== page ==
He is enjoying the usual perks: Astro- nomical talent fees and his share of fame and recognition.

What he doesn’t enjoy in showbiz is quite revealing of victims of showbiz.

“To be robbed of your real self is some- thing I can’t accept about showbiz. Some people will ask you to do something against your will and principle but you have to do it all in the name of so-called professionalism.”

Even Vice’s presscons are filled with peals of laughter over his acerbic one-liners.

“The sadness behind the laughter is also true even among non-comedians,” he points out when asked if comedians actually suffer behind that happy façade. “Look at those victims of Typhoon Yolanda in Samar and Leyte. Recovery is a long way to go but when a TV camera pans them, they give their real, sincere smile as though every- thing is all right with the world.”

He admits he can cry over little things: Disappointments, family problems and the like.

But come Christmas, he will celebrate it as a matter of personal choice.

“We should help our poor brothers and sisters as they go through the recovery period. But we should celebrate the birth of Jesus in our own simple ways. We need not postpone it. After all, we are not celebrating a disaster. We are simply recalling the birth of our Savior.”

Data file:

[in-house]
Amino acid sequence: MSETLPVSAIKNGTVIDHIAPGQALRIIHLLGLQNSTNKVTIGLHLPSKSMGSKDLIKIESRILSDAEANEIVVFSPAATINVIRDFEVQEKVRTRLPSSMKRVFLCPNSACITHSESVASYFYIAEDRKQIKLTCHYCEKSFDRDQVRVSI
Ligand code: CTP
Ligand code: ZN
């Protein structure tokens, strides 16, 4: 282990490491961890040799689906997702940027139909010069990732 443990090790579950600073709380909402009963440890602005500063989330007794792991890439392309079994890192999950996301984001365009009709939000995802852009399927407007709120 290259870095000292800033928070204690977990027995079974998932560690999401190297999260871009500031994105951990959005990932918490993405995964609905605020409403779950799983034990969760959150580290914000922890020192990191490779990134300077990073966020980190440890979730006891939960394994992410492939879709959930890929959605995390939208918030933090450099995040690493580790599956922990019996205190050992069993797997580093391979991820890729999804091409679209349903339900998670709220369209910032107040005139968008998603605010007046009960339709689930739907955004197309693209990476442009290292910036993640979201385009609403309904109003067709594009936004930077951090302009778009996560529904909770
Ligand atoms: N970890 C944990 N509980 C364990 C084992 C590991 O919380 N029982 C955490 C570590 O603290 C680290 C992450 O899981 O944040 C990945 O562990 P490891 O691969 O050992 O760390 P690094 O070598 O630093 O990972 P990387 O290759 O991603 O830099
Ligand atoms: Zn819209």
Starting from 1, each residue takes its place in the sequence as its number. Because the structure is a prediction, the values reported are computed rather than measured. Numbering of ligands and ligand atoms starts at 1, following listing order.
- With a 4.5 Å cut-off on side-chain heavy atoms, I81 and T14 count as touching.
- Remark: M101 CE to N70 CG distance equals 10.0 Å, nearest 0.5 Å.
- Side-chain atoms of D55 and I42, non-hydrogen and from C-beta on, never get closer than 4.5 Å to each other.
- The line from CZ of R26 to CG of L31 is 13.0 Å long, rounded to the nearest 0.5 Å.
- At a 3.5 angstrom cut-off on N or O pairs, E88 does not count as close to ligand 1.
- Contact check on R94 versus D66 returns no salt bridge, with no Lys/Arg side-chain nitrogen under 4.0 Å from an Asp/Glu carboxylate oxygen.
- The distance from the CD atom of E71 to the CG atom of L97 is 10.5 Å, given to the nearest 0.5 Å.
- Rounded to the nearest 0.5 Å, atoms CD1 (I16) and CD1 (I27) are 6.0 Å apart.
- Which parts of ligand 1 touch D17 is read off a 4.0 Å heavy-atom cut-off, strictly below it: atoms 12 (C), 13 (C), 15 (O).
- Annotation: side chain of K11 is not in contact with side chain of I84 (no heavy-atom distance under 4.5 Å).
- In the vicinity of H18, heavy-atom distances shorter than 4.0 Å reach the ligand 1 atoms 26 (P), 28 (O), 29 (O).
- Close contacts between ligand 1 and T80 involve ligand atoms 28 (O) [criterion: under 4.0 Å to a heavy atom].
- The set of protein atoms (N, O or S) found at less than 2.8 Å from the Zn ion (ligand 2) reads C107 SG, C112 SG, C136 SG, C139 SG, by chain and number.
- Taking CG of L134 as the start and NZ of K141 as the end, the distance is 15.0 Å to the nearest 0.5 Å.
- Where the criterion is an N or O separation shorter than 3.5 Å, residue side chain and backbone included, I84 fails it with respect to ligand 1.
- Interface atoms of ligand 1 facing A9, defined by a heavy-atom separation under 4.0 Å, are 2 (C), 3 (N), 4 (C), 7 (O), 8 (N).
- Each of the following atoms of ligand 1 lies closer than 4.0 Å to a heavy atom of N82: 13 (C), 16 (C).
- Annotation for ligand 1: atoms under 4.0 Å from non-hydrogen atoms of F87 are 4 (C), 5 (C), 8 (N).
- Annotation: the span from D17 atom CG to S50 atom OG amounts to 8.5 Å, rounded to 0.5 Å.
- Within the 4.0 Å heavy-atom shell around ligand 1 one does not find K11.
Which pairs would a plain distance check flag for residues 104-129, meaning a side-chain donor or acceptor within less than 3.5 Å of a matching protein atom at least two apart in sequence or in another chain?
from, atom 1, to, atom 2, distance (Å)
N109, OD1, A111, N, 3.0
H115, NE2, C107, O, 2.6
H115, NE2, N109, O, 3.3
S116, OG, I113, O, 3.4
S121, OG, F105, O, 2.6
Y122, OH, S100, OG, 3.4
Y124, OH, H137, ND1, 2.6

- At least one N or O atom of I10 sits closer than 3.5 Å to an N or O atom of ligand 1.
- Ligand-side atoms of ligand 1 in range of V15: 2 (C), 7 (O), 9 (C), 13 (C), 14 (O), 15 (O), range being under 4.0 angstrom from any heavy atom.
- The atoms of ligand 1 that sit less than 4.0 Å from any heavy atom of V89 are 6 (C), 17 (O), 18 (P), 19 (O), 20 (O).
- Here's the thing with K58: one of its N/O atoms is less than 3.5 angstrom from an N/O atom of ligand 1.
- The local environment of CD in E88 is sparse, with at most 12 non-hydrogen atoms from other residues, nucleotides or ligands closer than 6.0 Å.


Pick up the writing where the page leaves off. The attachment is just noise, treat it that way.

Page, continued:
If ever he is given a chance to do things all over again, he says he wants to be a ma- cho man for a change. “Let’s admit it, you have better chances of achieving some of your dreams if you are straight — like being a president.”

To those who want a taste of his success, he says, “You can’t follow in my footsteps because this path was destined for me alone. I worked hard not trying to be another Dol- phy or another Vic Sotto or another Ai-Ai de las Alas. I just want a piece of success as me. The same is true for those aspiring to be actor-comedians.”

Even his idea of happiness hews along the same line.

“I will be very happy if I am able to do things that my heart dictates, not to live up to some image expected of me by the public. That is the only way I can find true happiness.”

A small but significant wish from some- one who didn’t even finish AB political sci- ence at the FEU of his earlier youth.(Girl, Boy, Bakla, Tomboy — starring Vice, Ejay, Maricel, Joey Marquez and Ruffa Guetierrez, among others — opens in all the- aters on Christmas day.)

AIZA SEGUERRA AND CHARICE PEMPENGCO BAKLA DERAMAS DIREK WENN EJAY FALCON EVEN VICE FILM JOEY MARQUEZ AND RUFFA GUETIERREZ VICE